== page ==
- The IOC does not want to give $ 10 million to fly NHL players and pay their insurance. For NHL is - a stumbling block. It is because of such a small amount goes wrong such an ambitious project?
- A little? - Laughs Fasel.
- This is one of Ovechkin salary per year.
- Try to take away the money Ovechkin. Let's see what he will tell you! - Jokes Kukushkin.
- $ 10 million general - a lot of money for the IIHF. Our annual budget - $ 45 million - says Fasel. - In the Olympic season it increases to $ 70 million in a typical year, we spend $ 21 million to organize tournaments among men and women of different ages.. You also need to include the state of the IIHF, to pay various expenses, invest in the development of hockey.
Personally we can not put a third of the budget to pay this amount. Of course, we are slightly disappointed by the decision of the IOC, which was previously paid insurance and relocation of NHL players. But they have a reason, and we must accept them. And my goal - in the negotiations to resolve this issue.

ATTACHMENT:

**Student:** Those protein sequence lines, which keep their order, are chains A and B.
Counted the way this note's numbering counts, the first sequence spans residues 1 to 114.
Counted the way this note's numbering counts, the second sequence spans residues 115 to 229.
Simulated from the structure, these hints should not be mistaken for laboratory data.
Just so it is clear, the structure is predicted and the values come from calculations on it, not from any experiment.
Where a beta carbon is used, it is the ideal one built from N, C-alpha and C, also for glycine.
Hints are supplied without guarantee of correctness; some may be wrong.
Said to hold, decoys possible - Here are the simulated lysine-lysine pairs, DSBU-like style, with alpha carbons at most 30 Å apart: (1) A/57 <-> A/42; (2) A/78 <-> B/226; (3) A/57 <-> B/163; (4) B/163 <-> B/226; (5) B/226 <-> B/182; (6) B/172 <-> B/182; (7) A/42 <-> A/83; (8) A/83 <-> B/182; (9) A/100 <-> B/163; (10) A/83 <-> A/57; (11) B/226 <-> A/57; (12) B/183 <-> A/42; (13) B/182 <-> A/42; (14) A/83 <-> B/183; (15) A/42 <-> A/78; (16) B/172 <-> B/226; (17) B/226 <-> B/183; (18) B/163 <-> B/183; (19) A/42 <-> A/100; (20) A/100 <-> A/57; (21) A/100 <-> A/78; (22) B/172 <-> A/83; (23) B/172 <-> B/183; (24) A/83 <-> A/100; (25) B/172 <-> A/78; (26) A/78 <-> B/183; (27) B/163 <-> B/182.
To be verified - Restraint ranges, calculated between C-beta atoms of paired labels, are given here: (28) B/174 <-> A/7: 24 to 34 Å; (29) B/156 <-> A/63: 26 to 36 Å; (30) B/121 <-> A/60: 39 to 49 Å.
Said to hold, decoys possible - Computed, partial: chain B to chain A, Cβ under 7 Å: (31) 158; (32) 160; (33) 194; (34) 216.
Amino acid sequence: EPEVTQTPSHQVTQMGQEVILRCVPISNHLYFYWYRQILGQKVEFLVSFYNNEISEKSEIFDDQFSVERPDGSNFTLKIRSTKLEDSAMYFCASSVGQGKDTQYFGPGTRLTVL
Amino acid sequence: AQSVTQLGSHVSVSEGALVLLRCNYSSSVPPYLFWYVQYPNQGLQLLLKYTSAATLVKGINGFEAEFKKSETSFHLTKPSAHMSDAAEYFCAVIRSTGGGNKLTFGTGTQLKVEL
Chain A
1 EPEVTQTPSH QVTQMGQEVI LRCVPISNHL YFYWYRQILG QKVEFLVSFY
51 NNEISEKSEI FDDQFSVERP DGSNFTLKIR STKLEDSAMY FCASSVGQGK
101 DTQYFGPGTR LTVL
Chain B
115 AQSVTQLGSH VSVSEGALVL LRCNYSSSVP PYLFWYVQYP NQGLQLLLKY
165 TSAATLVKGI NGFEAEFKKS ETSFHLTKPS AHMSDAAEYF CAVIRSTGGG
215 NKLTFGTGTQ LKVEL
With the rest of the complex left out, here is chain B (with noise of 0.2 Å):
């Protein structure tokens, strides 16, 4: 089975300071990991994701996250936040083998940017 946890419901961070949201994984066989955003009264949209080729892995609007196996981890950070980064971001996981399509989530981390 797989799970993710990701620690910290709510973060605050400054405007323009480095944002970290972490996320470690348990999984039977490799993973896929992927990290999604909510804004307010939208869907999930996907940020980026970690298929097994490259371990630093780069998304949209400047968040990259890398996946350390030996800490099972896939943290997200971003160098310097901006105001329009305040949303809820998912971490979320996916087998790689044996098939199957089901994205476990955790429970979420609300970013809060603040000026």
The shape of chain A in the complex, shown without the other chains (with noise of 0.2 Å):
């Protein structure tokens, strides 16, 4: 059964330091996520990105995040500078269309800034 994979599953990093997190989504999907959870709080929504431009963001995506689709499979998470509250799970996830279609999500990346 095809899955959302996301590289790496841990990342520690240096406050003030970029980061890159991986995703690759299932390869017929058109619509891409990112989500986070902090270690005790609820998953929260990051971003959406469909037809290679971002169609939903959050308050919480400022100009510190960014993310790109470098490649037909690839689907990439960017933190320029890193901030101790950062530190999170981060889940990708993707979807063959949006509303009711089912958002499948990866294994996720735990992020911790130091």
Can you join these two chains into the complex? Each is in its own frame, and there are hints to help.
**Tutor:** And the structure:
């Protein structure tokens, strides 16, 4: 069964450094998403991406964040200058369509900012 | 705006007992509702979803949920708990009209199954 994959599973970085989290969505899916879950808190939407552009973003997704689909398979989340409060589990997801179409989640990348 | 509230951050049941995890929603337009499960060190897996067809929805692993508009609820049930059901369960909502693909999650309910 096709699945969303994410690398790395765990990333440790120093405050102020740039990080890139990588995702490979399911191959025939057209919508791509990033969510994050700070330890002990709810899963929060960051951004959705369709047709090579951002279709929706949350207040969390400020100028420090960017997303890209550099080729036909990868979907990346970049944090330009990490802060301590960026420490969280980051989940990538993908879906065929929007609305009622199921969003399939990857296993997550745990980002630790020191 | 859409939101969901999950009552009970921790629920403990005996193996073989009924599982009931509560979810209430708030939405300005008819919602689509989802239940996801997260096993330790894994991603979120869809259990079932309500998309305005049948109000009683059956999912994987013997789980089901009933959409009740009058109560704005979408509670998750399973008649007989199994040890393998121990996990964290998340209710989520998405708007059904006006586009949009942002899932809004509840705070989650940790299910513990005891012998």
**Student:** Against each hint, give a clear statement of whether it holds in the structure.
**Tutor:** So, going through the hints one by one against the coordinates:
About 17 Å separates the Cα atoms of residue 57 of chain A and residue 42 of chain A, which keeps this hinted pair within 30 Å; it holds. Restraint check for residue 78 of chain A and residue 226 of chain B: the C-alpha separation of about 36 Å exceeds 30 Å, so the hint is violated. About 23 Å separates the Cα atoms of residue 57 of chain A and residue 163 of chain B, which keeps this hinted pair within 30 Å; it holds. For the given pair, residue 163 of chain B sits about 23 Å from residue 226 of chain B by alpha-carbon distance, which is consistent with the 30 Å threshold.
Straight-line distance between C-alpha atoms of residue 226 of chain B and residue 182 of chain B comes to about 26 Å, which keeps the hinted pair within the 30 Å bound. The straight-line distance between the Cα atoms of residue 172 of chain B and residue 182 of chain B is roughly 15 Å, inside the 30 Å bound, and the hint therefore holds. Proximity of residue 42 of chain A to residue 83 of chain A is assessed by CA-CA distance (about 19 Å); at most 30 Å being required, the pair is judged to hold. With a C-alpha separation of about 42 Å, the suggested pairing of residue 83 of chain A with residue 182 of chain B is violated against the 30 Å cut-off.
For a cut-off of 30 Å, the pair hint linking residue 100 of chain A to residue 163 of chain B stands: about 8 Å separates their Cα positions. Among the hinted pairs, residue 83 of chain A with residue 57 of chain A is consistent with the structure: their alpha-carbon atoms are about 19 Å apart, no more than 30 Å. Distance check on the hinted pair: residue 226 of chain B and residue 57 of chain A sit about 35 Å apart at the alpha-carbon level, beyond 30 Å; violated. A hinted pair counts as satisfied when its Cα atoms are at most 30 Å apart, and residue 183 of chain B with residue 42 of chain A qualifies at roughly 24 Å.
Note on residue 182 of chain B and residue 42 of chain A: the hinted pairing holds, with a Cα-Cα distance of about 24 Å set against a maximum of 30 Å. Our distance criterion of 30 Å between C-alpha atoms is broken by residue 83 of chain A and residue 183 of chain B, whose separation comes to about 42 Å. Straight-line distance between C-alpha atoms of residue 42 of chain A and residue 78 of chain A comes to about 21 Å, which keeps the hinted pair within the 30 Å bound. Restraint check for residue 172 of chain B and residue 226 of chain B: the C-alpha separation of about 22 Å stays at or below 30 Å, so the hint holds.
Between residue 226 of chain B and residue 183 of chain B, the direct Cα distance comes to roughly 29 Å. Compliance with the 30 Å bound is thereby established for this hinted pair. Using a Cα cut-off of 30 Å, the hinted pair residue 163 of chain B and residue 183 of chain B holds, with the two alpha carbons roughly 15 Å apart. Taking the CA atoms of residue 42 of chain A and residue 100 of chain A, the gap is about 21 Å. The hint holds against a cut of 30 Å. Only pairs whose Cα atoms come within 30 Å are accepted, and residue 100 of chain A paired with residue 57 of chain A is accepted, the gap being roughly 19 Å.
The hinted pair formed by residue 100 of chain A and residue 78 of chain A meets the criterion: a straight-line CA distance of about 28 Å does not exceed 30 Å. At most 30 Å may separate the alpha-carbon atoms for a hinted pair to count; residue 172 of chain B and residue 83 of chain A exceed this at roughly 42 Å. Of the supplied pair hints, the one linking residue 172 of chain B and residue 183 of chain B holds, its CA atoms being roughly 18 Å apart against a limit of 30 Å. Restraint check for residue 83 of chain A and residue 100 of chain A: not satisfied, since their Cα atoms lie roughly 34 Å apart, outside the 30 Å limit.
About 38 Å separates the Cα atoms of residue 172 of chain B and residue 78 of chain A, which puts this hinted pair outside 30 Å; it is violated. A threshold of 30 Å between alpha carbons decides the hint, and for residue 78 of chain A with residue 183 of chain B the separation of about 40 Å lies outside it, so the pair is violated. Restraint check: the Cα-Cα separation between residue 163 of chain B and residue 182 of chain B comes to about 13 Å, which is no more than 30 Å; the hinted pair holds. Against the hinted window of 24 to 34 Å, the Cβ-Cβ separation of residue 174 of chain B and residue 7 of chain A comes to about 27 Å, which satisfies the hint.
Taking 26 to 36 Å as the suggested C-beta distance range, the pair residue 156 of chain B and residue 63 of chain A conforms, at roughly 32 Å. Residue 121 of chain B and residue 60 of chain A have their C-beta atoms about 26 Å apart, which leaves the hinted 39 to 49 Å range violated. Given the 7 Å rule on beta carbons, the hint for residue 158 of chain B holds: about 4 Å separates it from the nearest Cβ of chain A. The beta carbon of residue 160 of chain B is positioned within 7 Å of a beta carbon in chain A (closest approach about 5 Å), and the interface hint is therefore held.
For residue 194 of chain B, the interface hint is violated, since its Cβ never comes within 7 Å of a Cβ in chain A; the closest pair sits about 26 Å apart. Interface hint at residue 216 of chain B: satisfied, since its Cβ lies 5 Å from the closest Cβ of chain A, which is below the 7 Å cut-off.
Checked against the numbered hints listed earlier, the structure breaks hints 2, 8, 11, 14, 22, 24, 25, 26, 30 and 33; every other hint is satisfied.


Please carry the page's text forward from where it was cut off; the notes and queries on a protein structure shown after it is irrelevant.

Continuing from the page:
from Rob Rossi of the Pittsburgh Tribune-Review,
What was Crosby's excuse? What will be the reason Crosby couldn't get the Penguins back to the Cup Final this time?
If the Penguins don't rally to play for the Cup for the first time since winning it in 2009, somebody somewhere — in Pittsburgh, and if not, certainly in his native Canada — is going to absolve Crosby of responsibility for the loss.
Somebody always does.
The argument will probably be that Crosby scored winning goals in Games 2 and 3 against the Lightning.